Love Through Generations and Across Oceans

generations

by Jacqueline Corsatea Metz

Who would have thought that nearly 100 years ago, a tiny Romanian woman from a remote Romanian village would start a new life in America, a life that’s extended by five generations!

Aunt/Tusa Parascheva (Para), who’s soon to be 93 years old, is Buni’s only living niece in Romania. In this photo, Aunt/Tusa is hugging the author’s grandson, Oliver. Oliver is Buni’s great-great-grandson.

That’s what my grandmother/Buni, Anna Radu, did when she left her parents and siblings behind. She didn’t know she would not return to Romania during her mother’s lifetime.

At the time, she knew she had to follow her heart.

So she and her husband of only six months arrived at Ellis Island, New York, on April 24, 1926. From there, they traveled to Warren, Ohio, where they settled and had four young daughters, my mom included. My grandfather/Mosu died while the four girls were still very young.

“Raising four daughters alone, grandma/Buni did everything alone…”

Raising four daughters alone, grandma/Buni did everything alone: She bought and sold real estate, made clothes for her girls, cleaned bars at night, and worked in a steel mill on the press until her retirement at age 62.

God was special in her life. She gave Him all the glory for what she had. He’d blessed her abundantly. She was even able to take in other family members and help them start their new lives.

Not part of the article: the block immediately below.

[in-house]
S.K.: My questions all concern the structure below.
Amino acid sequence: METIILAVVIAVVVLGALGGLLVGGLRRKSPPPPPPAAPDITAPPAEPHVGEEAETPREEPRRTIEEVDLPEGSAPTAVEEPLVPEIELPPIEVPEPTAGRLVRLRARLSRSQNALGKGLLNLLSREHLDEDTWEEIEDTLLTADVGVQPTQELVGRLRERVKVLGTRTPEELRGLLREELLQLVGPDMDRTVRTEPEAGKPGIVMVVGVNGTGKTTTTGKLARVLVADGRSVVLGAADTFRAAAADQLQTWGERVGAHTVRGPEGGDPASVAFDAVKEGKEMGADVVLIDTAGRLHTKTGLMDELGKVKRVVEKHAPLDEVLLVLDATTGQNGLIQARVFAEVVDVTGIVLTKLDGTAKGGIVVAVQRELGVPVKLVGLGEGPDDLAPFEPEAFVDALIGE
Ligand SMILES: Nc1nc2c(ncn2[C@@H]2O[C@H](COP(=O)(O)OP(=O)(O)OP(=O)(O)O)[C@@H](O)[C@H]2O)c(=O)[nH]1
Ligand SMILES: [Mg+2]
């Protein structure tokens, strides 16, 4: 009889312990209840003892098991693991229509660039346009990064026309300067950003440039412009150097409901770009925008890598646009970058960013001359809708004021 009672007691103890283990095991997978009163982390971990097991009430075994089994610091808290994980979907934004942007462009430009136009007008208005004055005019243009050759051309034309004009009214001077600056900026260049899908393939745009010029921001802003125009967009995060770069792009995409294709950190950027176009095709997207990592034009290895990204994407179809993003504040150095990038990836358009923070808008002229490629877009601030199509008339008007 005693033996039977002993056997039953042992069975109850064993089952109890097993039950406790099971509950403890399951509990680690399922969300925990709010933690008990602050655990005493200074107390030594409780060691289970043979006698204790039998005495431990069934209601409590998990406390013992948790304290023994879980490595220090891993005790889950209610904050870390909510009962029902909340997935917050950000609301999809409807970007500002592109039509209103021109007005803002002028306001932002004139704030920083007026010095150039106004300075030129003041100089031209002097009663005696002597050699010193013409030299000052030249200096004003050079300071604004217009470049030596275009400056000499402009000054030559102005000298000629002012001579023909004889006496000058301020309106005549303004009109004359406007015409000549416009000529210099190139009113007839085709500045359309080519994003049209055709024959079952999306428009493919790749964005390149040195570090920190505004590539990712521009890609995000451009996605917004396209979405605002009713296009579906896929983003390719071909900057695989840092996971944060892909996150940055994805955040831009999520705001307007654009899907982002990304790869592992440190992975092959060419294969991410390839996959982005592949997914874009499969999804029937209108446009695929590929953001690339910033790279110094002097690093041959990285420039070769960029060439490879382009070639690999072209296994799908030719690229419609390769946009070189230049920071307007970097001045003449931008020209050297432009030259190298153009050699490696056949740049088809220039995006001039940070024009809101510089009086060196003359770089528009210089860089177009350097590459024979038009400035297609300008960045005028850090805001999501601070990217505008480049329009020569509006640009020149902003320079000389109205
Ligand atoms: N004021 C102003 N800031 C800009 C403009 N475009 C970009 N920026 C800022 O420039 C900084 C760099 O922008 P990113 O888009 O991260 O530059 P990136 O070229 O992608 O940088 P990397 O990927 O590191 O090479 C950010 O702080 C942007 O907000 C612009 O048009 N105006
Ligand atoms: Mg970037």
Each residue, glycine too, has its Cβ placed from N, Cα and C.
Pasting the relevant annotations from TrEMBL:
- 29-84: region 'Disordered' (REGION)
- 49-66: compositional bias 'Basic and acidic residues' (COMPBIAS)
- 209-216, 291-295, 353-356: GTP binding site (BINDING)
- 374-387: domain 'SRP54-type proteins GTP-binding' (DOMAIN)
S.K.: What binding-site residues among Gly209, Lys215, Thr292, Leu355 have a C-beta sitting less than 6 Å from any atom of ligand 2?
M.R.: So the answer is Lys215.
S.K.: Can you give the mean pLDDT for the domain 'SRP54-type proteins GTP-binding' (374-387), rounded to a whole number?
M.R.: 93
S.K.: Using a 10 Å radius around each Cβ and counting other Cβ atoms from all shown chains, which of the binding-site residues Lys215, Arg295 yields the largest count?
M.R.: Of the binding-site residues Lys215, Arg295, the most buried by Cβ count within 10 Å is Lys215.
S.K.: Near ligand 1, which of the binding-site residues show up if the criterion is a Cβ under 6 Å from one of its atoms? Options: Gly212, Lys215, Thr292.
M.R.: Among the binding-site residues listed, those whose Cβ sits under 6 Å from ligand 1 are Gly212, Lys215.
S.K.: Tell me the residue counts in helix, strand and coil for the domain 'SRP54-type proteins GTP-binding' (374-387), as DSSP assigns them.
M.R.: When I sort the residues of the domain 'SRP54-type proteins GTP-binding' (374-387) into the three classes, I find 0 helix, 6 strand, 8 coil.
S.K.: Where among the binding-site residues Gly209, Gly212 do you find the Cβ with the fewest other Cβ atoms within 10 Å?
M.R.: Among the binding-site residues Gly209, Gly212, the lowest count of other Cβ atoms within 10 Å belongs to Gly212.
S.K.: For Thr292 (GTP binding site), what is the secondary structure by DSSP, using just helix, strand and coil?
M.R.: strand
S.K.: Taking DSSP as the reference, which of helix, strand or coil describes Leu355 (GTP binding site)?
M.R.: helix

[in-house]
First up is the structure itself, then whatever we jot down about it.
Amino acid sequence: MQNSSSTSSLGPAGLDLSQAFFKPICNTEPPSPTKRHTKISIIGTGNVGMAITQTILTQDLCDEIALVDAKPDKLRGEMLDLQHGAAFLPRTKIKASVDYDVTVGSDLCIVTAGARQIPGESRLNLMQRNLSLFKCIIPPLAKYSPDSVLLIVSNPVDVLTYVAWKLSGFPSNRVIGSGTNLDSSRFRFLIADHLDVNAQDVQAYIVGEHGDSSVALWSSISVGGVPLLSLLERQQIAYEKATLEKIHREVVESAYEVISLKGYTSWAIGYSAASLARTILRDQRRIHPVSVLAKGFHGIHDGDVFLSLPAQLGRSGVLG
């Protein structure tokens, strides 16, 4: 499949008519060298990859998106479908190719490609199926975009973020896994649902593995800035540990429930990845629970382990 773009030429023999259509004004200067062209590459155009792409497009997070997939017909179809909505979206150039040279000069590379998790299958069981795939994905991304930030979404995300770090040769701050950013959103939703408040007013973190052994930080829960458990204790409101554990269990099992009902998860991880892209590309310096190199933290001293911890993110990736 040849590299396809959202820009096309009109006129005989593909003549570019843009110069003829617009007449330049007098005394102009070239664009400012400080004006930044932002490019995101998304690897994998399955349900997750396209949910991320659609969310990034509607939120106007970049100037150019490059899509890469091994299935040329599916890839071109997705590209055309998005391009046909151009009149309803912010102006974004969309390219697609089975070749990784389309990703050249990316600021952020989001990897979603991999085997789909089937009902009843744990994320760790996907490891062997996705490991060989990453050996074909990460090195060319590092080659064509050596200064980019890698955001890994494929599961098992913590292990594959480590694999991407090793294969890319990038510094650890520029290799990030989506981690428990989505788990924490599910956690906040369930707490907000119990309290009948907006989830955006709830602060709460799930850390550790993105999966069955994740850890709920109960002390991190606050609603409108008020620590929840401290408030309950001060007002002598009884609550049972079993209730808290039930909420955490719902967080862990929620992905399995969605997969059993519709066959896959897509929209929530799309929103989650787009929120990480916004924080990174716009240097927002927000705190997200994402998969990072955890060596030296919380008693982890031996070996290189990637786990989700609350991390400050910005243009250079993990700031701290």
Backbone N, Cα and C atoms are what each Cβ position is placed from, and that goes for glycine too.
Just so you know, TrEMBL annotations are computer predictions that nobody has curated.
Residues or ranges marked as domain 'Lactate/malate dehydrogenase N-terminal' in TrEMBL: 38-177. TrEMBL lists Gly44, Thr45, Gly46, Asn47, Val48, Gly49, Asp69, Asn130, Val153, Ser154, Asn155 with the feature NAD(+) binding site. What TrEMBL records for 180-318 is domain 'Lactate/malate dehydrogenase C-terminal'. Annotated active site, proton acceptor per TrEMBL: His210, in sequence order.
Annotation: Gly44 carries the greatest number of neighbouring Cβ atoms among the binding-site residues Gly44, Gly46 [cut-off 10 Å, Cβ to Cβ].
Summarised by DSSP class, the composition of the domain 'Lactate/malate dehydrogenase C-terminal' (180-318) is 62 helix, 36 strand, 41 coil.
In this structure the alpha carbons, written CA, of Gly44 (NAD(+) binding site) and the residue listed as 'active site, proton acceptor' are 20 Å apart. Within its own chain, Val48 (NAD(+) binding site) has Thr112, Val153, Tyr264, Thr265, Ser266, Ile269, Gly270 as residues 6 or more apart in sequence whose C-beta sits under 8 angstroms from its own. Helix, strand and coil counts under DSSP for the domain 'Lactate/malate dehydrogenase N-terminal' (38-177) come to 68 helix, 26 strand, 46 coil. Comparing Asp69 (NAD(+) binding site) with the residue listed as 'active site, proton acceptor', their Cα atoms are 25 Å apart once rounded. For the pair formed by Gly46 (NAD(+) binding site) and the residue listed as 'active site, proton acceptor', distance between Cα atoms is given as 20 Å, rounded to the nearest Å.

generations

Up until her death at 102 in 2004, she instilled love of family and an awesome work ethic — with her children, grandchildren and even some great-grandchildren.

As a young woman, I remember sitting at the table while Buni wrote letters to her nieces back in Romania. When my husband and I made our first visit to Romania in 2003, Aunt/Tusa Parascheva (Para) shared those correspondences with me. This soon-to-be 93-year-old is Buni’s only living niece in Romania.

During subsequent trips to Romania, my husband and I created a deep bond with three generations still living in that remote Romanian village Buni left over 90 years ago.

Just a few weeks ago, both my daughters and their families visited that same village for the first time and met extended family members that included even younger generations.

Sharing some of those photos on Facebook has connected us with even more relatives living in other parts of Romania that extended our family tree even more.

Our family story shows we don’t have to be in close proximity for the generations to connect. Loves sees no barriers.

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